The Supreme Court voiced skepticism Tuesday about efforts to allow lawyers, accountants and others who do business with large corporations to be the targets of class-action securities suits. At issue in the high-profile case is whether victims of large-scale corporate fraud can sue third parties that may have played a significant role in the scheme. Think Enron, Global Crossing or any other massive fraud that involved a web of business relationships, where outside experts allegedly signed off on questionable corporate practices.
The Supreme Court and other federal courts have largely frowned on such suits, saying that only the Securities and Exchange Commission has the authority to bring suit against third parties as so-called aiders and abetters. But following the wave of corporate implosions, class-action suits seeking to hold those entities accountable have been on the rise, largely because those outside parties often are the only ones left standing holding any assets. Tuesday, one of those investor class-action cases reached the justices, with several suggesting they are not inclined to allow the suit to go forward.
That's a view that will be welcomed by a range of powerful business groups, including the U.S. Chamber of Commerce and the American Bankers Association. Along with the Bush administration, they warn that making third parties vulnerable to such suits would result in an explosion of securities litigation, damaging American competitiveness in the global marketplace.
The closely watched dispute is one some observers have labeled the "Roe vs. Wade" of securities law, one in which more than 30 friend-of-the-court briefs were filed, and it played to an electric atmosphere in a packed Supreme Court chamber.
While business groups largely lined up one side, such consumer advocates as AARP, the senior citizen lobby, and the Council of Institutional Investors stood with the investor plaintiffs.
"The stakes are enormous," said Jeffrey McFadden, a Washington securities lawyer who attended the arguments.
The case involves Charter Communications Inc., a cable television provider that entered into side deals with Motorola Inc. and Scientific-Atlanta Inc., two makers of set-top cable boxes. In 2000, in a scheme to pump up its revenues, Charter agreed to overpay the vendors for the boxes. The vendors then returned part of the money to Charter in the form of advertising fees, adding about $17 million to Charter's balance sheet.
After the machinations were revealed and Charter's stock price plummeted, investors brought suit against all of the parties. Charter eventually settled, leaving the two vendors in the suit.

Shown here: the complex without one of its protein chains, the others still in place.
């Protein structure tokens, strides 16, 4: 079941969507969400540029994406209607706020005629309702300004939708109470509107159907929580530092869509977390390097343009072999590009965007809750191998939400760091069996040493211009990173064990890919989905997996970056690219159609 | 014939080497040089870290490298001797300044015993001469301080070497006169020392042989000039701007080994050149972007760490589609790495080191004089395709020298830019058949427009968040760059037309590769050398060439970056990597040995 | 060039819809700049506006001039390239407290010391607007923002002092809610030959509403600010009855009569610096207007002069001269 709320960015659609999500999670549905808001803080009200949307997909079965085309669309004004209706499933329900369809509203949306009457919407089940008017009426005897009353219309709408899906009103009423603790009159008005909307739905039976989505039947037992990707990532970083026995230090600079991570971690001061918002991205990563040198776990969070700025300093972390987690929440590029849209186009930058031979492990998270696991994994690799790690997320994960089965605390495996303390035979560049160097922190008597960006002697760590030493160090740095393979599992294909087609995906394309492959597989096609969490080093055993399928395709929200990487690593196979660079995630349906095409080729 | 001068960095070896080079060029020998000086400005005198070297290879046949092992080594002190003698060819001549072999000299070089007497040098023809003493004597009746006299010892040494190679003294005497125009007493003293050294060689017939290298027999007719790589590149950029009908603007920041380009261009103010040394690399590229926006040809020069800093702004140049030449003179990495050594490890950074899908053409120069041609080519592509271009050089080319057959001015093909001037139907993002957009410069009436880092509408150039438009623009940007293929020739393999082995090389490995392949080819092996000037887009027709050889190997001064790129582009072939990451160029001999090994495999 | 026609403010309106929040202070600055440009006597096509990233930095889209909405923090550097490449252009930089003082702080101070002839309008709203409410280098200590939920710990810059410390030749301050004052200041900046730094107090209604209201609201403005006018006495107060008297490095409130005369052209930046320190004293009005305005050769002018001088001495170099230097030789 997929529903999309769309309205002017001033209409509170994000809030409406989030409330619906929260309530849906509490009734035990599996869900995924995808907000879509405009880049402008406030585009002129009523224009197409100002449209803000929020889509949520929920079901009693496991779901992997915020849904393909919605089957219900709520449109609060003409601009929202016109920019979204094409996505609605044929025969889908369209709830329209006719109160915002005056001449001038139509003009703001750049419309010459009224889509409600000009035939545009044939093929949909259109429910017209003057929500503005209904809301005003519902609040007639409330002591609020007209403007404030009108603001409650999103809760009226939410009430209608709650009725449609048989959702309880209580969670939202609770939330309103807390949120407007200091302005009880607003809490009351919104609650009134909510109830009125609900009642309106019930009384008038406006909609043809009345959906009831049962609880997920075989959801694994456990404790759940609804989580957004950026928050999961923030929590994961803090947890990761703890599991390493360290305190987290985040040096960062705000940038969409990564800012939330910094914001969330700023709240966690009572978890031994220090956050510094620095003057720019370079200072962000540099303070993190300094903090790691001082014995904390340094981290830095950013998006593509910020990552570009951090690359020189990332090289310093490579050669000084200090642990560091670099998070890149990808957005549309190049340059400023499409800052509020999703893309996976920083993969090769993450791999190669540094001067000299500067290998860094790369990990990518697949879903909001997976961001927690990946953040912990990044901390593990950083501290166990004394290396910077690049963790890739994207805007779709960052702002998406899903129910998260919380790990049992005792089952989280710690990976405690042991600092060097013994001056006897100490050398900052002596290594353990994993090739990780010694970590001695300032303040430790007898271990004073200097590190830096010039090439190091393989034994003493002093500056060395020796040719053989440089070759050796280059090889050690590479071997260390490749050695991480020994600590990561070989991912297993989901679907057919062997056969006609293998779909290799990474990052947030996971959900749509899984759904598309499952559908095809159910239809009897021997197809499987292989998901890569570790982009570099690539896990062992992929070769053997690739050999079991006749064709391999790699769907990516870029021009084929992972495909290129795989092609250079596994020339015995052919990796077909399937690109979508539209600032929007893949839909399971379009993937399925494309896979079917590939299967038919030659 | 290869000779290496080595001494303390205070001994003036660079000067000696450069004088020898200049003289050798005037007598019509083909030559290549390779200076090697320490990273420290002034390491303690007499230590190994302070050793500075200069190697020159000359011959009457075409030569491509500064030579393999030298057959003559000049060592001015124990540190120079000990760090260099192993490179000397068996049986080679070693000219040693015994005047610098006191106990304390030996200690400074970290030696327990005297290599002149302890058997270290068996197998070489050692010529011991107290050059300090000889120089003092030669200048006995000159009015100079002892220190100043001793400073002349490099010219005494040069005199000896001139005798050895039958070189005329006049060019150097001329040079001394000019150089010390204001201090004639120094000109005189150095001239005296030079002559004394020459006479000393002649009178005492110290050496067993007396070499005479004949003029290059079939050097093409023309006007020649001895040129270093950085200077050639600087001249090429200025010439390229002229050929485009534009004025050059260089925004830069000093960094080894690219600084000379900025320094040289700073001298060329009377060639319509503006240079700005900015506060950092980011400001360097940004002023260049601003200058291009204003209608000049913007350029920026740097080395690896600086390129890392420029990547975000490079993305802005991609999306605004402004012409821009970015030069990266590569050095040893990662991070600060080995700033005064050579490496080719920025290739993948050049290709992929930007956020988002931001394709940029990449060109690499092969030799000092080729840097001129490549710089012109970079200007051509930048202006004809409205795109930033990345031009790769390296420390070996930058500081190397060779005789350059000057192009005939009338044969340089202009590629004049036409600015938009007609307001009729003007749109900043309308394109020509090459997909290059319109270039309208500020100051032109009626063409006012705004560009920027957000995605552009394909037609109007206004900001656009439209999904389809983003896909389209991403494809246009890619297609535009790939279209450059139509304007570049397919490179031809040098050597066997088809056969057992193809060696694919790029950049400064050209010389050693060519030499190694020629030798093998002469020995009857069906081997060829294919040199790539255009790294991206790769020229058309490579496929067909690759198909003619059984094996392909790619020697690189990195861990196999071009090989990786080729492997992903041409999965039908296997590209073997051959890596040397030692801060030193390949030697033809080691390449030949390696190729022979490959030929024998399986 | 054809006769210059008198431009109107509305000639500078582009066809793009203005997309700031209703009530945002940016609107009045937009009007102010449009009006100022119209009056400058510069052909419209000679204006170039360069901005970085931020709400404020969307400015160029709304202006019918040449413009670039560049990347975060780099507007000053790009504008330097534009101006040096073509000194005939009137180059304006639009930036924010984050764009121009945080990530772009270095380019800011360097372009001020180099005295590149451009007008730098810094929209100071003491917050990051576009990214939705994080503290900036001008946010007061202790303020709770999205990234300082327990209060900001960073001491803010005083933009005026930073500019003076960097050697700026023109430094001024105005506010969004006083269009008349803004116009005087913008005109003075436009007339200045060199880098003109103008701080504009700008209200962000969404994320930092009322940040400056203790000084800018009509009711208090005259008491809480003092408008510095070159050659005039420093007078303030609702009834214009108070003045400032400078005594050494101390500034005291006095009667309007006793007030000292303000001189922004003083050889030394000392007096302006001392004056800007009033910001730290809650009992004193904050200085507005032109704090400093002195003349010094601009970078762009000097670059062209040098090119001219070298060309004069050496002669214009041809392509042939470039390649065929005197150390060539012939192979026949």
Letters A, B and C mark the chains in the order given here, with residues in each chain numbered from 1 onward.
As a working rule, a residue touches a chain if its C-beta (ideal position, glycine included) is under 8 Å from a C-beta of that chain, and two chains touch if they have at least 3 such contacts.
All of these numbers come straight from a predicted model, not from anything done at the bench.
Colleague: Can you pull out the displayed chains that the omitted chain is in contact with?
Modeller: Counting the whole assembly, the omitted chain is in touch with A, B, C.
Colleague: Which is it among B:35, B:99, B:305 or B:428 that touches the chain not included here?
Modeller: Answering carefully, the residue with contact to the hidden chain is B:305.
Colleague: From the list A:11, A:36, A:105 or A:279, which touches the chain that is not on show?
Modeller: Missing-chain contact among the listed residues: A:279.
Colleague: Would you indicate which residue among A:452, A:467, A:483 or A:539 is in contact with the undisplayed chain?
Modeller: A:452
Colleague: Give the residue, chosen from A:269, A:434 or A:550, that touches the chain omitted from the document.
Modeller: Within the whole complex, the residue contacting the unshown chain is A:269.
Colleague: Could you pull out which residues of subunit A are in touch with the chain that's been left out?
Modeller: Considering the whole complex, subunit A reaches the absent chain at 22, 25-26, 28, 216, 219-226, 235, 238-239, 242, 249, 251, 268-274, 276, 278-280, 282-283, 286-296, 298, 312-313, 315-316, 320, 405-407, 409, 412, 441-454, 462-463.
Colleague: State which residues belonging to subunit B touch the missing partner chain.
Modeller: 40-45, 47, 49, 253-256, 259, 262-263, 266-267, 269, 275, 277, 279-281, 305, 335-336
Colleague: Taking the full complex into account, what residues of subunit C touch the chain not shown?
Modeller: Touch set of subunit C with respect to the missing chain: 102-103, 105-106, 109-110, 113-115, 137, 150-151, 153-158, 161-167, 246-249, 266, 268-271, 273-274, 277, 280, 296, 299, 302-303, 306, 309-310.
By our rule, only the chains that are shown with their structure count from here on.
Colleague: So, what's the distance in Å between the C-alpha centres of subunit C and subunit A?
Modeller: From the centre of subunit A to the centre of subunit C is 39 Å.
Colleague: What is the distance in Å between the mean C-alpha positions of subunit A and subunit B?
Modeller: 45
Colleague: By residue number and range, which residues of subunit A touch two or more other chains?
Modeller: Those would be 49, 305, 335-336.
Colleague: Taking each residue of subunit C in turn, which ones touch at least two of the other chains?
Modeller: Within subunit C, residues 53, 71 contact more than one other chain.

Lawyers for the vendors argued that the companies never knew the extent of Charter's scheme to inflate its revenues and that they never made any false representations directly to Charter's shareholders, something required to find a violation of federal securities law.
A Missouri federal court dismissed the case against the vendors and the federal appeals court in St. Louis affirmed, citing Supreme Court precedent that has interpreted federal securities laws to bar private causes of action against third-parties.
Chief Justice John Roberts on Tuesday demonstrated little interest in departing from precedent, saying that Congress had clearly decided who could and could not bring suit under federal securities laws.
"We don't get in this business of implying private rights of actions anymore," Roberts said. "We haven't done it in quite some time."
And Justice Anthony Kennedy seemed to worry that once the door to such suits was opened there would be no end to them -- and that companies would simply stop doing business with publicly traded companies as a result.
"I see no limitations to your proposal," he said to the counsel for the investors, New York lawyer Stanley Grossman.
But Grossman argued that there would be no litigation free-for-all, saying that a requirement that third parties must actively participate in an intentional effort to deceive the public would eliminate most prospective actions.
Among the justices, Ruth Bader Ginsburg appeared most likely to come down on the side of the plaintiff investors. She was critical of the vendors' conduct in the case, saying it was possible they knew about Charter's plans but sat by passively. The scheme "can only work if the vendors are silent. Silence, not speech, is what counts," she said. "They set up Charter to make those statements to swell their revenues, revenues they didn't have."
Ginsburg repeatedly expressed a desire to find some sort of middle ground between barring the suits altogether and elevating third parties to the level of the primary corporate defrauders. She noted that it was unlikely the SEC could ever make fraud victims whole by suing third-parties on its own, since the government is not in a position to distribute large damage awards.
Chicago lawyer Stephen Shapiro, arguing for the defendant companies, said Congress had rewritten the securities laws in the 1990s to allow only for the SEC actions and the court needed to recognize that.